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270Re: [caplet] Towards standardization

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  • Mark S. Miller
    Jan 24, 2009
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      On Wed, Jan 21, 2009 at 7:09 AM, Kris Zyp <kris@...> wrote:
      > Do you have an overview of the differences between SES and ES3.1

      Three synergies between ES3.1 strict and SES:

      * Better target: Easy to translate SES to ES3.1-strict
      * Better source: Easier to translate ES3.1-strict to SES
      * Better neighbor: ES3.1 code can't violate SES objects.

      First, SES is a subset of ES3.1-strict, so I'll start with that.

      * Most important: all primordial state -- all objects and all state reachable from the global scope -- is frozen. In other words, the global object itself, as seen from SES, is immutable (deeply frozen). Only by imposing this rule can the global object be safely shared by separate protection domains that must remain isolated from each other.
      ** global eval() evals SES,
      ** Function constructor is suppressed.
      ** Math.random(), new Date(), and Date.now() are suppressed.
      ** for/in loops in deterministic order.

      * No "this"
      ** foo(..) equiv to (true && foo)(..)
      * no override of Function.prototype.(call/bind/apply)
      ** for functions, foo(..) equiv foo.call(??, ..) equiv foo.apply(??, [..])

      * All functions are frozen before first use or escaping occurrence:
      ** Anonymous functions are born frozen.
      ** If "foo" is a named function, one can initialize "foo.prop" in straight line code between its definition and first non-initializing use.
      ** Function names define unassignable variables (as if with const, but with function-like hoisting rather than a read barrier)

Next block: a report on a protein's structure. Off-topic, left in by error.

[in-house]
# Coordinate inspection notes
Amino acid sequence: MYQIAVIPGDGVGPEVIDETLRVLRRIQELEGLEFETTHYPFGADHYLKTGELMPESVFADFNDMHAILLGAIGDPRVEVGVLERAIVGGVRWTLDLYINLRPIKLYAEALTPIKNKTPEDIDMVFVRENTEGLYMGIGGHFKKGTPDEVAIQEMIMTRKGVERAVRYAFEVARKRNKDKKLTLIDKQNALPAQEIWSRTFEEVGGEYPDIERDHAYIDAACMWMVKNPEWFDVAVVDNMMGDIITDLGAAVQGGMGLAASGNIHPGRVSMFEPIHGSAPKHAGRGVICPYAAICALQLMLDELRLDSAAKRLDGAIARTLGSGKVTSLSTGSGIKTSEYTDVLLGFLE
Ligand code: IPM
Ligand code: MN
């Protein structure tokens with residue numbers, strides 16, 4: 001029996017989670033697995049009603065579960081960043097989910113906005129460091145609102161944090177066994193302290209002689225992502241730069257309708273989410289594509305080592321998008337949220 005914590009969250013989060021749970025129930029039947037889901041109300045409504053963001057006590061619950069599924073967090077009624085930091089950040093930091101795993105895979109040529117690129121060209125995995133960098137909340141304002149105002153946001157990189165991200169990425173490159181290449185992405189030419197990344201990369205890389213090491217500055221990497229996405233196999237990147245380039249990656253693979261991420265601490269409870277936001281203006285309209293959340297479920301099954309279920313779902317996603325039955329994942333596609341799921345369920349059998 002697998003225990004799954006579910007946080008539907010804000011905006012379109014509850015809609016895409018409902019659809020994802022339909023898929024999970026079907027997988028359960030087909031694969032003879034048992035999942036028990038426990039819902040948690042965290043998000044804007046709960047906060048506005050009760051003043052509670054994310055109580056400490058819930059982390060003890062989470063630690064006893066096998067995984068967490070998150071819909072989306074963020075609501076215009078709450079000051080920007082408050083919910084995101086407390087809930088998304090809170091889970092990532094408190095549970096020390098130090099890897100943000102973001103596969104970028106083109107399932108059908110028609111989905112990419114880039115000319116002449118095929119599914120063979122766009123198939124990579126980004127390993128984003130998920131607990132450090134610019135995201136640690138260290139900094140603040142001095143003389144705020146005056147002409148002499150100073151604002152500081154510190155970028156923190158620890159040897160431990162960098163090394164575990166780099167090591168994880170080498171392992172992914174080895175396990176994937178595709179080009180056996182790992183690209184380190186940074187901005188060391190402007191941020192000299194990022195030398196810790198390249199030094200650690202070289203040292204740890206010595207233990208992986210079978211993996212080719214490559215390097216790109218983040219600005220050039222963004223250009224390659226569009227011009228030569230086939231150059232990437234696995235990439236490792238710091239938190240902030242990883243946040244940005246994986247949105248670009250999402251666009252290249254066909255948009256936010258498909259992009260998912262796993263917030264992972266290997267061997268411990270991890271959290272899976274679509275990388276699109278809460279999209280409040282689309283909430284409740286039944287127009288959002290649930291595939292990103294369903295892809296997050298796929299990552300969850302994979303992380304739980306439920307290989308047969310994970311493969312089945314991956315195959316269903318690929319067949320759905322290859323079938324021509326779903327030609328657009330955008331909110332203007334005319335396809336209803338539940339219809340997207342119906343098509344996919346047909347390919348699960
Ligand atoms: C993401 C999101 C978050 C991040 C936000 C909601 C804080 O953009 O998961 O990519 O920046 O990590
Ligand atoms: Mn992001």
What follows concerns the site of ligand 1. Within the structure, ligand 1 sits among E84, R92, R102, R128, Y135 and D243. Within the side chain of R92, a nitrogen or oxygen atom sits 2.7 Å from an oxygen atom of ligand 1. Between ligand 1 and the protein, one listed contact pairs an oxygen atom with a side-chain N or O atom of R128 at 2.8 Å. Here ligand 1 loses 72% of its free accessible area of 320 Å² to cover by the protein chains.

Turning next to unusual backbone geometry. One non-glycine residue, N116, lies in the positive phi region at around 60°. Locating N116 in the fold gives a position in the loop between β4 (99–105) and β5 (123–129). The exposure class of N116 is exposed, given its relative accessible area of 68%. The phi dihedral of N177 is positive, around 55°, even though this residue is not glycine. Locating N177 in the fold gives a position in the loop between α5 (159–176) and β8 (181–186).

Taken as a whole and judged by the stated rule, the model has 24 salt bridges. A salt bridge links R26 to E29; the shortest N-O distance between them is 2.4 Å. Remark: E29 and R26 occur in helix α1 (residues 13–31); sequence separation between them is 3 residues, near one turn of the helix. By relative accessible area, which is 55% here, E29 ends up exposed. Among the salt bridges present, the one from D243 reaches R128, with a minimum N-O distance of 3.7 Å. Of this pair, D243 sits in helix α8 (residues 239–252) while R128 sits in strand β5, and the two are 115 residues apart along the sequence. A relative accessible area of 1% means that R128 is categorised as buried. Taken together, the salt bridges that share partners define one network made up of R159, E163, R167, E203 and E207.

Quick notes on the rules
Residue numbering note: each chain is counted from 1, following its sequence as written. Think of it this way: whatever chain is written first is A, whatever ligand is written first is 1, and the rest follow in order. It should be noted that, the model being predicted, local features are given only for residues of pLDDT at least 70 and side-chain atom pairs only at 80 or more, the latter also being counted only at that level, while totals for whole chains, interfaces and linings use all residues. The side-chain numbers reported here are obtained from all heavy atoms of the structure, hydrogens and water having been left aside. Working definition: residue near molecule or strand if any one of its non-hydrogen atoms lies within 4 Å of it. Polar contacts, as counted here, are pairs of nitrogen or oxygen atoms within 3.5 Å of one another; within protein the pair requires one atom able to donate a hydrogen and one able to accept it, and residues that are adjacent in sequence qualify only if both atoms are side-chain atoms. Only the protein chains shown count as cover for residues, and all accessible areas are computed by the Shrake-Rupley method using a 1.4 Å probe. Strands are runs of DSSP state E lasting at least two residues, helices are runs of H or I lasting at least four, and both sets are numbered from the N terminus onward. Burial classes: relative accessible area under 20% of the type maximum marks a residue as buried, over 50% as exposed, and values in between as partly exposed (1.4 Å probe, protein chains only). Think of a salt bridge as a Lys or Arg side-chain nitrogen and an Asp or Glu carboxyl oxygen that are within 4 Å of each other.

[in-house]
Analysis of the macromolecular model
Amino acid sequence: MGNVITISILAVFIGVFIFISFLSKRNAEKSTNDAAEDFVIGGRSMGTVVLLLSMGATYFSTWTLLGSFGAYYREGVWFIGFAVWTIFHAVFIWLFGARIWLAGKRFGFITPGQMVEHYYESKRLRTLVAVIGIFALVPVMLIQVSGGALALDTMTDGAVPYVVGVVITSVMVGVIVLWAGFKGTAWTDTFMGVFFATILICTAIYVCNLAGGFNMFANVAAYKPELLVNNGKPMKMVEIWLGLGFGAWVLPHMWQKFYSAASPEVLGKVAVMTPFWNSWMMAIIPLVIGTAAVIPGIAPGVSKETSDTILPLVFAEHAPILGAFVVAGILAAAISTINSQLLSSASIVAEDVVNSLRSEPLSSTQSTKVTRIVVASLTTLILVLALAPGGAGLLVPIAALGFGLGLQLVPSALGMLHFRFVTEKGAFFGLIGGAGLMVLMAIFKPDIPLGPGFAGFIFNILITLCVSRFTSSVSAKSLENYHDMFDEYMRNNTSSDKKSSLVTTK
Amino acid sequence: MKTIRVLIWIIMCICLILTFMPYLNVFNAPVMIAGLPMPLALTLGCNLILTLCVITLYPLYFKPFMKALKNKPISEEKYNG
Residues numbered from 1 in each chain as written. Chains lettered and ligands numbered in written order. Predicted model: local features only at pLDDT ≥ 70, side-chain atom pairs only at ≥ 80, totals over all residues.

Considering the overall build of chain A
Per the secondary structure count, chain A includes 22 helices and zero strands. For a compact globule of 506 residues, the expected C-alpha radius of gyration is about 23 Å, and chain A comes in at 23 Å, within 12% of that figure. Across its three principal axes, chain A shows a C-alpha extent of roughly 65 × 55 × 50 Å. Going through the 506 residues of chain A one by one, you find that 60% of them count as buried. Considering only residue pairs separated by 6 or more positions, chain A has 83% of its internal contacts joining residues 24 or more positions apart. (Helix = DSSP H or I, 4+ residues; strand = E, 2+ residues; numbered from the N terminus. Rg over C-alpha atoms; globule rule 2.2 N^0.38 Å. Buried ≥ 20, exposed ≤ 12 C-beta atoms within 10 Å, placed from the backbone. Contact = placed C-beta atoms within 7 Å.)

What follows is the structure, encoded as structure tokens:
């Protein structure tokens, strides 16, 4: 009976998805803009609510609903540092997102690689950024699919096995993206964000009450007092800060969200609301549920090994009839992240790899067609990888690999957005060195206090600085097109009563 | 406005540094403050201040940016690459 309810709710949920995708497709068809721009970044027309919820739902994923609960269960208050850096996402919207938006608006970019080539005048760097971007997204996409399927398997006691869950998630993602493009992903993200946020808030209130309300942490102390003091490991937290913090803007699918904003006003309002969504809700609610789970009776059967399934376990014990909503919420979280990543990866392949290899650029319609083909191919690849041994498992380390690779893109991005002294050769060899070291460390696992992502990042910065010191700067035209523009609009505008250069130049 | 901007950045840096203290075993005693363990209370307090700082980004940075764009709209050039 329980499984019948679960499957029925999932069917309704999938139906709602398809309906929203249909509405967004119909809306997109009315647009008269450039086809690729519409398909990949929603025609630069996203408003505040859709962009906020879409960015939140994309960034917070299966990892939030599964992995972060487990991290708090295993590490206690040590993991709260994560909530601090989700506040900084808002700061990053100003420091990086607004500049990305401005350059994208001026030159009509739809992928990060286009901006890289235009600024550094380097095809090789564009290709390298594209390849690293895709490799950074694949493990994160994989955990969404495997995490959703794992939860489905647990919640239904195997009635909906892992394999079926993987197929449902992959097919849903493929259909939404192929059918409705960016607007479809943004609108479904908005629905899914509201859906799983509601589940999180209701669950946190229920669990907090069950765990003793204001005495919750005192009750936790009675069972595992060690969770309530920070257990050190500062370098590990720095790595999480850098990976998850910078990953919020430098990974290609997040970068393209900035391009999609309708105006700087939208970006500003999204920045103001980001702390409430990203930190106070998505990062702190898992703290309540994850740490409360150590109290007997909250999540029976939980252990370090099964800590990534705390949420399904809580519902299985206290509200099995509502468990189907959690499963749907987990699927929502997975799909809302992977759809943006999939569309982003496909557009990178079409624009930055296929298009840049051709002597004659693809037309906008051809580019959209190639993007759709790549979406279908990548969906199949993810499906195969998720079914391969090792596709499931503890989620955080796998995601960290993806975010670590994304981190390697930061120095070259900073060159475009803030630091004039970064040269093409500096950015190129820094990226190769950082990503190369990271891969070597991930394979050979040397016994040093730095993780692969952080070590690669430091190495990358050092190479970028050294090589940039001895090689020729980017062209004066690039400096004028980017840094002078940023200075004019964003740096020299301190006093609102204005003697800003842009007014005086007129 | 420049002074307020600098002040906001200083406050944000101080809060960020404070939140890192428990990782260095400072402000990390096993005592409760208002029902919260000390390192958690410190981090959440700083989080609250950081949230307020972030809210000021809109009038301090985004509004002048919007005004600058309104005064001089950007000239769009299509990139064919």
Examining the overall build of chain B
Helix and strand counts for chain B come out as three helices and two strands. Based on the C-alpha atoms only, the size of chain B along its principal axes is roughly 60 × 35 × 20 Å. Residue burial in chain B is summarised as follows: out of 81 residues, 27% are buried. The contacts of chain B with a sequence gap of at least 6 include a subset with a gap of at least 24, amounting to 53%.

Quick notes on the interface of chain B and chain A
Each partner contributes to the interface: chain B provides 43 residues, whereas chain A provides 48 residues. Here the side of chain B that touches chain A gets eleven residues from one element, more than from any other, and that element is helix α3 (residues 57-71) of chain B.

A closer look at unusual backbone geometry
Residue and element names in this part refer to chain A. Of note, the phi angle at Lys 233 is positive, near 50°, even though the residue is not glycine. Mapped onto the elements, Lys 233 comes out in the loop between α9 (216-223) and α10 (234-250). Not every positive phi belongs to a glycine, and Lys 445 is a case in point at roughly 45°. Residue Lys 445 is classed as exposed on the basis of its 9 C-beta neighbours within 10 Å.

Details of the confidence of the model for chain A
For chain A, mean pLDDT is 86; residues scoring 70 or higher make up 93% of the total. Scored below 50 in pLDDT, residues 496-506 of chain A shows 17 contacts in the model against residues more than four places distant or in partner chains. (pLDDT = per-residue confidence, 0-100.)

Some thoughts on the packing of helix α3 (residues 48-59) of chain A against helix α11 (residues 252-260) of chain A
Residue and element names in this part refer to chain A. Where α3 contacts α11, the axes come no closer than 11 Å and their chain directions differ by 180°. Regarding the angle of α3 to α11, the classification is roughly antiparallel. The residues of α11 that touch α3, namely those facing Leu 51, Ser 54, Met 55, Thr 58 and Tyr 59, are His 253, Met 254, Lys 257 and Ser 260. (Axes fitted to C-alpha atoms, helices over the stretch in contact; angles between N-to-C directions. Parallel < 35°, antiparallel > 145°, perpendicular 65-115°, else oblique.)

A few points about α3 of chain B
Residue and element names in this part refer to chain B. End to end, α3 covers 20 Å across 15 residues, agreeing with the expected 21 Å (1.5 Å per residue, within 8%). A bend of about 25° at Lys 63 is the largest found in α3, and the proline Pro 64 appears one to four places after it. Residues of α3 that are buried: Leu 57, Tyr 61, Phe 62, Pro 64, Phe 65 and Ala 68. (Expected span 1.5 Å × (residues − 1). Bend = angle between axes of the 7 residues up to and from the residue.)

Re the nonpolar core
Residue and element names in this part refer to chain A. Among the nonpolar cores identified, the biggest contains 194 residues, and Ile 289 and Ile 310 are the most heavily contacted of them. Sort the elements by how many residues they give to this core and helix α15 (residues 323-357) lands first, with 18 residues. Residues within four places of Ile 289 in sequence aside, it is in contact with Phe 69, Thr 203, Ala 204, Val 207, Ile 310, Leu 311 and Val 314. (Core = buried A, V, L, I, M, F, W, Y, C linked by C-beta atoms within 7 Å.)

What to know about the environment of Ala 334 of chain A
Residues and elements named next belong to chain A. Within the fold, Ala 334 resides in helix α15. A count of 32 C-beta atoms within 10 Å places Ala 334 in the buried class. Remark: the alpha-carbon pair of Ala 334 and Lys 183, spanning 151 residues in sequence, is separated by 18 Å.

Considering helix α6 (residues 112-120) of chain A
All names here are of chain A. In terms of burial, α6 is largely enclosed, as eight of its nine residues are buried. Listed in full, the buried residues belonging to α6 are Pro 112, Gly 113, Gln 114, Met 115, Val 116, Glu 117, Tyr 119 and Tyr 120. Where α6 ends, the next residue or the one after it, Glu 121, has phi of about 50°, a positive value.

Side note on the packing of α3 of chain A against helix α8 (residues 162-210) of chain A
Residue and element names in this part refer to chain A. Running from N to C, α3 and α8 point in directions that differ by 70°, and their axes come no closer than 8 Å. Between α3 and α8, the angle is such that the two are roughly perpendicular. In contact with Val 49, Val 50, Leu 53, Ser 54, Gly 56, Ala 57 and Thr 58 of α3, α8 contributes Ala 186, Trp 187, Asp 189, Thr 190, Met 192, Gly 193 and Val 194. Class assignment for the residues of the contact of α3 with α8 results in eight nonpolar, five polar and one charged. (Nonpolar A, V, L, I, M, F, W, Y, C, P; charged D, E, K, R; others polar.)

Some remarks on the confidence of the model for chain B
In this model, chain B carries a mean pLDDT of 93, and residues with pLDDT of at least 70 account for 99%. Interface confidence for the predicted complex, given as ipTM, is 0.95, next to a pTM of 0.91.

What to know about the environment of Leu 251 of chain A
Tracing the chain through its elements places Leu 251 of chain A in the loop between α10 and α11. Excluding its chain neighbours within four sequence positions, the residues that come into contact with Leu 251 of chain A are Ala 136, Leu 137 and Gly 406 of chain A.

* Only built-in functions have function prototypes
      ** Function prototypes are not first class: <function>.prototype and <prototype>.constructor are not whitelisted.

      * No RegExp literals -- use RegExp constructor.
      * No semicolon insertion.

      SES code can only define records, arrays, and functions. Objects other than these but represent pre-existing libraries (and other tamed legacy). All such objects are sealed.

      > (or
      > maybe it is easier to define the differences between SES and Cajita)?

      Current Cajita does not allow control of the attributes of individual properties. Rather, a record or an array is either frozen or not. If it's not frozen, then all of its properties are mutable.

      Likewise, one cannot define new getter/setter properties within Cajita code.

      > I see a lot of [[Prototype]] -> [[Parent]] changes, but maybe you
      > could summarize the important differences?

      That one is only cosmetic. Since the ES3.1 explicit "prototype" property is not whitelisted, but is still needed to account for the semantics of built-in libraries and tamed legacy, it will be explained as an internal property. To prevent confusion, I am rephrasing to avoid the term where another term would do as well.

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